Sparky Lands The Pope's Autograph

Posted: May 19, 1994

You think Babe Ruth was a tough autograph? Well, he wasn't. In fact, the Babe willingly signed for anyone who asked him. Not so with the pope.

I'm not talking about the Phillies' Paul Owens. I'm referring to John Paul II, the real pope, and the autograph he recently signed for Detroit Tigers manager Sparky Anderson.

Jim Hawkins, longtime Detroit baseball writer-turned-hobby-show promoter, returned from a visit to spring training with an amusing tale about the pope's autograph.

Last winter, a dinner was planned to honor Anderson and one of those staging the dinner sent a ball to the Vatican requesting the pope's autograph. Back came the ball, unsigned, and a terse reply, saying, "The pope does not sign baseballs, it is against all papal protocol."

Undaunted, Bishop Norbert Dorsey, of Lakeland, Fla., where the Tigers have spring training, took the baseball with him on a trip to Rome and personally appealed to the pope. Whatever he said worked and not only did the pope sign the ball, but he personalized it.

"To Sparky A. Cum benedictione (with blessing) Johannes Paulus."

Was Anderson happy?

"I'll put that ball in a vault; it's priceless," he said "It's the only ball ever signed by a pope."


This weekend at least five former All American Girls Professional Baseball League players, including Lavone "Pepper" Paire Davis, the model for the Geena Davis role in "A League of Their Own," will be at the Eastern Pennsylvania Sports Collectors Club's 47th Philadelphia Baseball Card and Sports Memorabilia Show at the Fort Washington Expo Center.

Davis, a star catcher in her playing days, was a technical adviser for the popular film. The women will sign autographs all three days. They bring a raft of memorabilia with them when they do shows. If you haven't met them yet, you are in for a treat.


The fourth series of Megacards's "Conlon Collection" of great old-time baseball player cards has been on the market now for several weeks. It's loaded with more great photos of players who were in their prime during the lengthy career of Sporting News photographer Charles Martin Conlon.

Of interest to older Philadelphia fans will be a subset featuring the players of the 1929 Athletics. It is one of a total of 15 subsets within the 330-card '94 issue.

When Megacards announced its fourth series, it also said collectors purchasing an unopened wax box would be able to complete a set from its contents.

Knowing about card packaging, I cringed when I read that. Being a card collector, I bought a box to find out for myself and, sure enough, it was 16 cards short of a full set. Was I surprised? Really, I wasn't. Was I annoyed? For sure.

I wrote to Megacards and within a couple of weeks received my missing cards and a nice letter from Parker Allison saying the fact I was missing 16 cards was "a highly unusual and disturbing number."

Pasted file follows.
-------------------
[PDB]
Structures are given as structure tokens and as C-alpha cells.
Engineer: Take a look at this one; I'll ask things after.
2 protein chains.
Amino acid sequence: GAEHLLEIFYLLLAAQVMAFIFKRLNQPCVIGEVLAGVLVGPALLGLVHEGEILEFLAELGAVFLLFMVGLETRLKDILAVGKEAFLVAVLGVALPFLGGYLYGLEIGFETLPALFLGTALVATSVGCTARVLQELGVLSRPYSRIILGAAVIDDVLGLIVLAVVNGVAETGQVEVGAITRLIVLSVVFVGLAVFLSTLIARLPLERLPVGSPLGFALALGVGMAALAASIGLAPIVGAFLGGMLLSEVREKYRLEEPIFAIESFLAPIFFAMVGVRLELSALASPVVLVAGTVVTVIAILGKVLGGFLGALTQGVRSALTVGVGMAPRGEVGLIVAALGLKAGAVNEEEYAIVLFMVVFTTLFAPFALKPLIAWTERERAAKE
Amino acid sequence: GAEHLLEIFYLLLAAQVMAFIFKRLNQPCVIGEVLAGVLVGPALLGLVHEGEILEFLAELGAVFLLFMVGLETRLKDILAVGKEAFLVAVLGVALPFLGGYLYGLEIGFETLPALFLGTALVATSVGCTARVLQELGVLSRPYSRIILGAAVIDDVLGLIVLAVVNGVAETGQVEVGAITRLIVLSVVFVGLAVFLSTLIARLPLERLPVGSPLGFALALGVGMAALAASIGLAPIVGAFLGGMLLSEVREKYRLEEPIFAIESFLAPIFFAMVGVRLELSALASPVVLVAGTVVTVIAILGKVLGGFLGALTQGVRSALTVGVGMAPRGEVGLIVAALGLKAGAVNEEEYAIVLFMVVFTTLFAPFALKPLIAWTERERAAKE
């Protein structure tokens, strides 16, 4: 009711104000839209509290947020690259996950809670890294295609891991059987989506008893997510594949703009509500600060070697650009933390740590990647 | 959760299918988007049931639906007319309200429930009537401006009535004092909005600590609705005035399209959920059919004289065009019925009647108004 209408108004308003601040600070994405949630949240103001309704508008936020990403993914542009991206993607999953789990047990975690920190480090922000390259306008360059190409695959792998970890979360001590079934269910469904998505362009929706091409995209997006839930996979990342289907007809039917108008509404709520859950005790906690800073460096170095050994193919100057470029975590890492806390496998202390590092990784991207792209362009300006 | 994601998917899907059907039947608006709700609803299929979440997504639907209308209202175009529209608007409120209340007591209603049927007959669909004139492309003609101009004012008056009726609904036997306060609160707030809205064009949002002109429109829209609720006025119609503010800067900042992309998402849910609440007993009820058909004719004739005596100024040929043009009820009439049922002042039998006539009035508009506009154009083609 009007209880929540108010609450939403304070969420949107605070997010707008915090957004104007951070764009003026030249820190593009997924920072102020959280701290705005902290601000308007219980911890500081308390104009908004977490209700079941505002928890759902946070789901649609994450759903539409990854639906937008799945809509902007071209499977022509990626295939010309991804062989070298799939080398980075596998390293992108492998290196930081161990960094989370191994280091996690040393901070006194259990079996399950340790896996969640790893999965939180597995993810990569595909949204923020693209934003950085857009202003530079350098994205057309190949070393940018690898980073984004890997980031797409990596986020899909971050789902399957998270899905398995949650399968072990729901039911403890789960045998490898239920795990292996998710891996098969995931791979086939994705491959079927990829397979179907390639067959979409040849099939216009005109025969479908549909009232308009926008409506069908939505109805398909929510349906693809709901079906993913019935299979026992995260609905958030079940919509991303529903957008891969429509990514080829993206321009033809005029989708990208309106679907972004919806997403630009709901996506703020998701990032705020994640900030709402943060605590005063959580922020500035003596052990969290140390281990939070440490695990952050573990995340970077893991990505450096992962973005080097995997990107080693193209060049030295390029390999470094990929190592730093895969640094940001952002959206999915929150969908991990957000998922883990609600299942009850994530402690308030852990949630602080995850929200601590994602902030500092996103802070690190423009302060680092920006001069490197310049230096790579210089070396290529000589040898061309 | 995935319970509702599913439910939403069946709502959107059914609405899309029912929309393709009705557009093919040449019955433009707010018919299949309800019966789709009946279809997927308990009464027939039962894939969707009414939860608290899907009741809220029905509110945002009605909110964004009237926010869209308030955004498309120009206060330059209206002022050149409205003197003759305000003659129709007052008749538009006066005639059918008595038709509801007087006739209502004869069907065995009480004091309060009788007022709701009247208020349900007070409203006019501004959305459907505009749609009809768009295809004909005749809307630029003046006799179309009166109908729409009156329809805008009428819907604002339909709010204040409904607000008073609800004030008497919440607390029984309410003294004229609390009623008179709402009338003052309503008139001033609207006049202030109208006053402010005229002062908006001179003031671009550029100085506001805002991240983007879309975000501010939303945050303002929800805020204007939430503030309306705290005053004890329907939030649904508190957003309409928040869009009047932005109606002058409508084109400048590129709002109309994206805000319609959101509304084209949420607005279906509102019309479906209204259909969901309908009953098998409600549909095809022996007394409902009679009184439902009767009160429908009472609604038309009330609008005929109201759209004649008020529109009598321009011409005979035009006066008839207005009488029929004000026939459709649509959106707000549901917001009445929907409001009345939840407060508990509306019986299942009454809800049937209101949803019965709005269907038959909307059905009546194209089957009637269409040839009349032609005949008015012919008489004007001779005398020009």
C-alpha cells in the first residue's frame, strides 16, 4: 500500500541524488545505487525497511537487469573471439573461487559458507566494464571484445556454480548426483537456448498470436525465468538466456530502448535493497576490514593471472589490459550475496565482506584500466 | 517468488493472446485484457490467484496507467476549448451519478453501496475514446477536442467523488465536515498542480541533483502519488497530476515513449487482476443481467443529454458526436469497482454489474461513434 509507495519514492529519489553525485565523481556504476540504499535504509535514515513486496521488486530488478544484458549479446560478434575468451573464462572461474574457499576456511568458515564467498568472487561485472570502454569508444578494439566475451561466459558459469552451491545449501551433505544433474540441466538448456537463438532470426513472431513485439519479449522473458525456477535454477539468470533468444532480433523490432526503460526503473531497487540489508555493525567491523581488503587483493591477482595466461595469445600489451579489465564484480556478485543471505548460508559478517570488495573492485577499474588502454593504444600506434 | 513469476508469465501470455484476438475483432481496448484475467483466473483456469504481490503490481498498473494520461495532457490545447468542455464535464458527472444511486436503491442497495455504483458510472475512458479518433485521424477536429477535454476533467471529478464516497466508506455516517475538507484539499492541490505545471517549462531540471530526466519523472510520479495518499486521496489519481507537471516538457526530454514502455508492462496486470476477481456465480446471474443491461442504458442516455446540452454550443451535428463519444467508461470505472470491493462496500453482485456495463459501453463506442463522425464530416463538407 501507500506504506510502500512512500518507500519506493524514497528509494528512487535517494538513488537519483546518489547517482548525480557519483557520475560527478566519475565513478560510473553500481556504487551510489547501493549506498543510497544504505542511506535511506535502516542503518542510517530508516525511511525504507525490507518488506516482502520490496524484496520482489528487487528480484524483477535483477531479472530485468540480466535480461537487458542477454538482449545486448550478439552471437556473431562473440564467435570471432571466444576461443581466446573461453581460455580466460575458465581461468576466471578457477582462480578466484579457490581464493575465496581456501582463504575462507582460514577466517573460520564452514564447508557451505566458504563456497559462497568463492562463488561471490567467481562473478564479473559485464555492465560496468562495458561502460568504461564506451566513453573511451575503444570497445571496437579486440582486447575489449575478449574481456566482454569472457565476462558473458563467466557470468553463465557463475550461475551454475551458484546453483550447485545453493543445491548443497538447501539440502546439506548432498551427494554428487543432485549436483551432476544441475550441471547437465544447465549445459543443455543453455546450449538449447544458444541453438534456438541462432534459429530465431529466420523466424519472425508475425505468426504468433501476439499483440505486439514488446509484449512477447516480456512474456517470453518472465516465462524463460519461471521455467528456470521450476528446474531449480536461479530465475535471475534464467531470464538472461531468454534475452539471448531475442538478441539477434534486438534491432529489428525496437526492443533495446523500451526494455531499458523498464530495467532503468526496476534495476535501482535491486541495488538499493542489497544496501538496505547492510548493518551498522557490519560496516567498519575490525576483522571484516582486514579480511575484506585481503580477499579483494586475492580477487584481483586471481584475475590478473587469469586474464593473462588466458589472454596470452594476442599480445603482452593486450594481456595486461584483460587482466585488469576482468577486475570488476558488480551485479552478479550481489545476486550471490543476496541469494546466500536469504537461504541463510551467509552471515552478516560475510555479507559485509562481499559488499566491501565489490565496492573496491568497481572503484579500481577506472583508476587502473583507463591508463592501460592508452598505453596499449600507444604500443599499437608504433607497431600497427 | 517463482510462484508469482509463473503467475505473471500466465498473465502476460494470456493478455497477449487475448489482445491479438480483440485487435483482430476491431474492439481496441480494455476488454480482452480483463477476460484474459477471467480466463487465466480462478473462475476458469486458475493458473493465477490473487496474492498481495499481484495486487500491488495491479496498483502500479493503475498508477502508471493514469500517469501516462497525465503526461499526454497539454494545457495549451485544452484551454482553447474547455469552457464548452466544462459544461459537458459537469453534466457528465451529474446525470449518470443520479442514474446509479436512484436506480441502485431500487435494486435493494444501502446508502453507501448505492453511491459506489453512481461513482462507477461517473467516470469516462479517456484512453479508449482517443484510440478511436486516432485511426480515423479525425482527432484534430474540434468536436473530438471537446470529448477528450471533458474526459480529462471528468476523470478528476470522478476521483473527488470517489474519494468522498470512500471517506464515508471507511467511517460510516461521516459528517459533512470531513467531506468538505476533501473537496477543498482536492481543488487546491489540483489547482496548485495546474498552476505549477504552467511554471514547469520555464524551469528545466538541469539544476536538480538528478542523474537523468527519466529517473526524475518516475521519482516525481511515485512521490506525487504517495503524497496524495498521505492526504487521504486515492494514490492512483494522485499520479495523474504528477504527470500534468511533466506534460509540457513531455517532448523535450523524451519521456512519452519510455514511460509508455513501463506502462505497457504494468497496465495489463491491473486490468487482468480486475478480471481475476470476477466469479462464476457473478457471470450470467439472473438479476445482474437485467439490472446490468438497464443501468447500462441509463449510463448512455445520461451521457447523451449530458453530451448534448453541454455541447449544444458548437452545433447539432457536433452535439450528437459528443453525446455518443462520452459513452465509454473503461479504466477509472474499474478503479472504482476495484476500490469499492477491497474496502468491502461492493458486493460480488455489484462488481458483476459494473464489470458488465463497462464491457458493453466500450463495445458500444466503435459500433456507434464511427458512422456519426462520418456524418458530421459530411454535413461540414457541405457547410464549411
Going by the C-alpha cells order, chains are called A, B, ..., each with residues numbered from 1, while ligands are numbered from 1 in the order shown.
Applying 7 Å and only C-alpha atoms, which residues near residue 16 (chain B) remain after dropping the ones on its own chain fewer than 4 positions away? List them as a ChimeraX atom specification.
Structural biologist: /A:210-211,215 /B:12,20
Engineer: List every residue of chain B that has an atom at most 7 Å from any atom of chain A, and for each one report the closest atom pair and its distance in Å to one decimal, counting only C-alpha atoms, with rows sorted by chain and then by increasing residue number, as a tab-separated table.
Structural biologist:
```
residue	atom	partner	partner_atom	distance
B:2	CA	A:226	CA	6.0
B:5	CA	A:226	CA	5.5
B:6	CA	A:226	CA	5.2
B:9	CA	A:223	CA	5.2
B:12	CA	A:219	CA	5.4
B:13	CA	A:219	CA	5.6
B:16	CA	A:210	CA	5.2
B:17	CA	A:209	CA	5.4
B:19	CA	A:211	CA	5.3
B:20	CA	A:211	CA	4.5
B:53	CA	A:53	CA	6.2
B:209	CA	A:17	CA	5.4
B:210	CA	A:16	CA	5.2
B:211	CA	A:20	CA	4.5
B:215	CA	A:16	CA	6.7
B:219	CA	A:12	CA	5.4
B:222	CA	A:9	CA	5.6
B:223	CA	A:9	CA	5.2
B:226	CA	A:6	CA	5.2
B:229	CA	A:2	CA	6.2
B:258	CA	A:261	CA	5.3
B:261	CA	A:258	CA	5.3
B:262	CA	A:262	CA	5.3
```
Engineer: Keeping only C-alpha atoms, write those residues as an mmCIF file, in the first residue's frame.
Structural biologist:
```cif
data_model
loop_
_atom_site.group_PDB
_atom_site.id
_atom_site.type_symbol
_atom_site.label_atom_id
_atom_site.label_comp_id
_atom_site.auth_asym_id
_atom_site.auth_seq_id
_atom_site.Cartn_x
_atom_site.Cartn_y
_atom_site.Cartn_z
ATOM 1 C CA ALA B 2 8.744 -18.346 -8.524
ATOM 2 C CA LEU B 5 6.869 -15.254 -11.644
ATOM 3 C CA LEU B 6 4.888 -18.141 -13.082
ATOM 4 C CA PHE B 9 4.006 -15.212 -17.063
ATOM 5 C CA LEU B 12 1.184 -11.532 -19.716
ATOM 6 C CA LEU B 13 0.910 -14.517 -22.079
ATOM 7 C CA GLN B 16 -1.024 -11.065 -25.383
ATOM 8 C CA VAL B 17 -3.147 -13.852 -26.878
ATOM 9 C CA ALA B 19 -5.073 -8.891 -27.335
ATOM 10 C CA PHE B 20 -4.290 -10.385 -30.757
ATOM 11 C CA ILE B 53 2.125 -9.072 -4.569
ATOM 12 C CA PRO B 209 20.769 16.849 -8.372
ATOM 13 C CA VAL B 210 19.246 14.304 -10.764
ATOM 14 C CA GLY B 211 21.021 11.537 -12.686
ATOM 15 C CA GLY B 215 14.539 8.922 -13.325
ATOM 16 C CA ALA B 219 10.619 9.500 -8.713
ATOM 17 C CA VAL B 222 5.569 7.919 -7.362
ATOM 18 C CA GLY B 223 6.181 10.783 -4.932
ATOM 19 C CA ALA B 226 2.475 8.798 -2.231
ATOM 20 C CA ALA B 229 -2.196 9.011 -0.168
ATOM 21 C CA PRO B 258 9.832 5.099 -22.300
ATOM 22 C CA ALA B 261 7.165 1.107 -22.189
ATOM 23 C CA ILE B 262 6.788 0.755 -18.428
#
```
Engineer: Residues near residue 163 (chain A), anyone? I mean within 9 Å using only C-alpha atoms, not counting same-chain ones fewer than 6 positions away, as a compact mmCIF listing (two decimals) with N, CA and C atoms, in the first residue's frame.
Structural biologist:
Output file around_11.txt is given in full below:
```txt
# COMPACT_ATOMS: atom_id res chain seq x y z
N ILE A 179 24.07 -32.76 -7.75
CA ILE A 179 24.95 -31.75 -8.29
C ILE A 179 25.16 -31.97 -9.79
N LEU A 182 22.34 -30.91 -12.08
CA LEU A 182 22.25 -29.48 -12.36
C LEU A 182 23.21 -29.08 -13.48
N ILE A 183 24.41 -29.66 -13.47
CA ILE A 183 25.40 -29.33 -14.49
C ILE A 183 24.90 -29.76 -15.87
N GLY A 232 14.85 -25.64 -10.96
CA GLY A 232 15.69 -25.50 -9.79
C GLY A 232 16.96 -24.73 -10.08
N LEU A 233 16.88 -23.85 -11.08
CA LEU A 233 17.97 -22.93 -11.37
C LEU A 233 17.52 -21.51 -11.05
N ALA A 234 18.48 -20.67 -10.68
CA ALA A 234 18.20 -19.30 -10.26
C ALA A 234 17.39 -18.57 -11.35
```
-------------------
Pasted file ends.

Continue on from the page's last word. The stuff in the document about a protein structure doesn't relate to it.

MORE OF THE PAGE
Knowing some of the really off-the-wall requests that come into Fleer quality control in Philadelphia, I can only believe Megacards has opened a real Pandora's box with its full-set-in-a-box guarantee. I give it credit, though, for standing by its claims.


A close friend, who deals heavily in baseball star autographs, called me the other day and announced he was selling off his Hall of Fame autograph collection, because the recent inclusion of Phil Rizzuto and Leo Durocher told him the Cooperstown brain trust has drastically lowered the entrance requirements and cheapened membership.

I'm told, too, there's a very enlightening book coming out shortly that digs into the politics of Cooperstown and gives the reason why certain players will never be enshrined - worthy or not.

Upper Darby's Jim Donahue, who piloted the successful two-year campaign to have Rich Ashburn's eligibility restored, is probably thinking that despite his efforts, Ashburn's chances at enshrinement are no better then they ever were.

Rizzuto had only one decent season (1950, batted .324) and never won any kind of offensive honors. He obviously had more cronies then Ashburn and the current Veterans Committee reads like a who's who of the ex-Yankees shortstop's old pals.

You know the drill by now. Ashburn played 15 years to Rizzuto's 13. Ashburn was the National League batting champion twice and had a lifetime batting

average of .308. Rizzuto's was .273. Ashburn had more hits then any player in the decade of the '50s and compiled 2,574 hits during his career (No. 53 on all-time list.

Where was Rizzuto? Don't ask.

Ashburn was a leader in six different offensive categories (13 times) during his career. Where was Rizzuto? Couldn't find him.

In fact, guys like Snuffy Stirnweiss showed up more frequently than Rizzuto during his "prime" years. But we all know Scooter has a lot of friends and was destined to make the Hall of Fame because he played in New York and was a nice guy.

But the Veterans Committee message that tells me Ashburn will probably never be inducted was when it used a second selection to anoint Leo Durocher for induction.

Durocher, you might recall, once said that if he wasn't inducted during his lifetime he didn't want to go in. Guess what? Leo died in 1991. He'll go in anyway.

What did he have going for him? The same New York connection, of course, but nobody will ever confuse Durocher with being lovable, and there were better managers who will never be inducted.

Look up Billy Southworth's career stats if you doubt me. Come to think of it, maybe I ought to sell my Hall of Fame autograph collection, too.

Ted Taylor has been a lifelong collector of baseball cards and sports memorabilia. He has run memorabilia shows in the area and has written for various publications. Taylor is the director of Hobby Relations for Fleer Corp.

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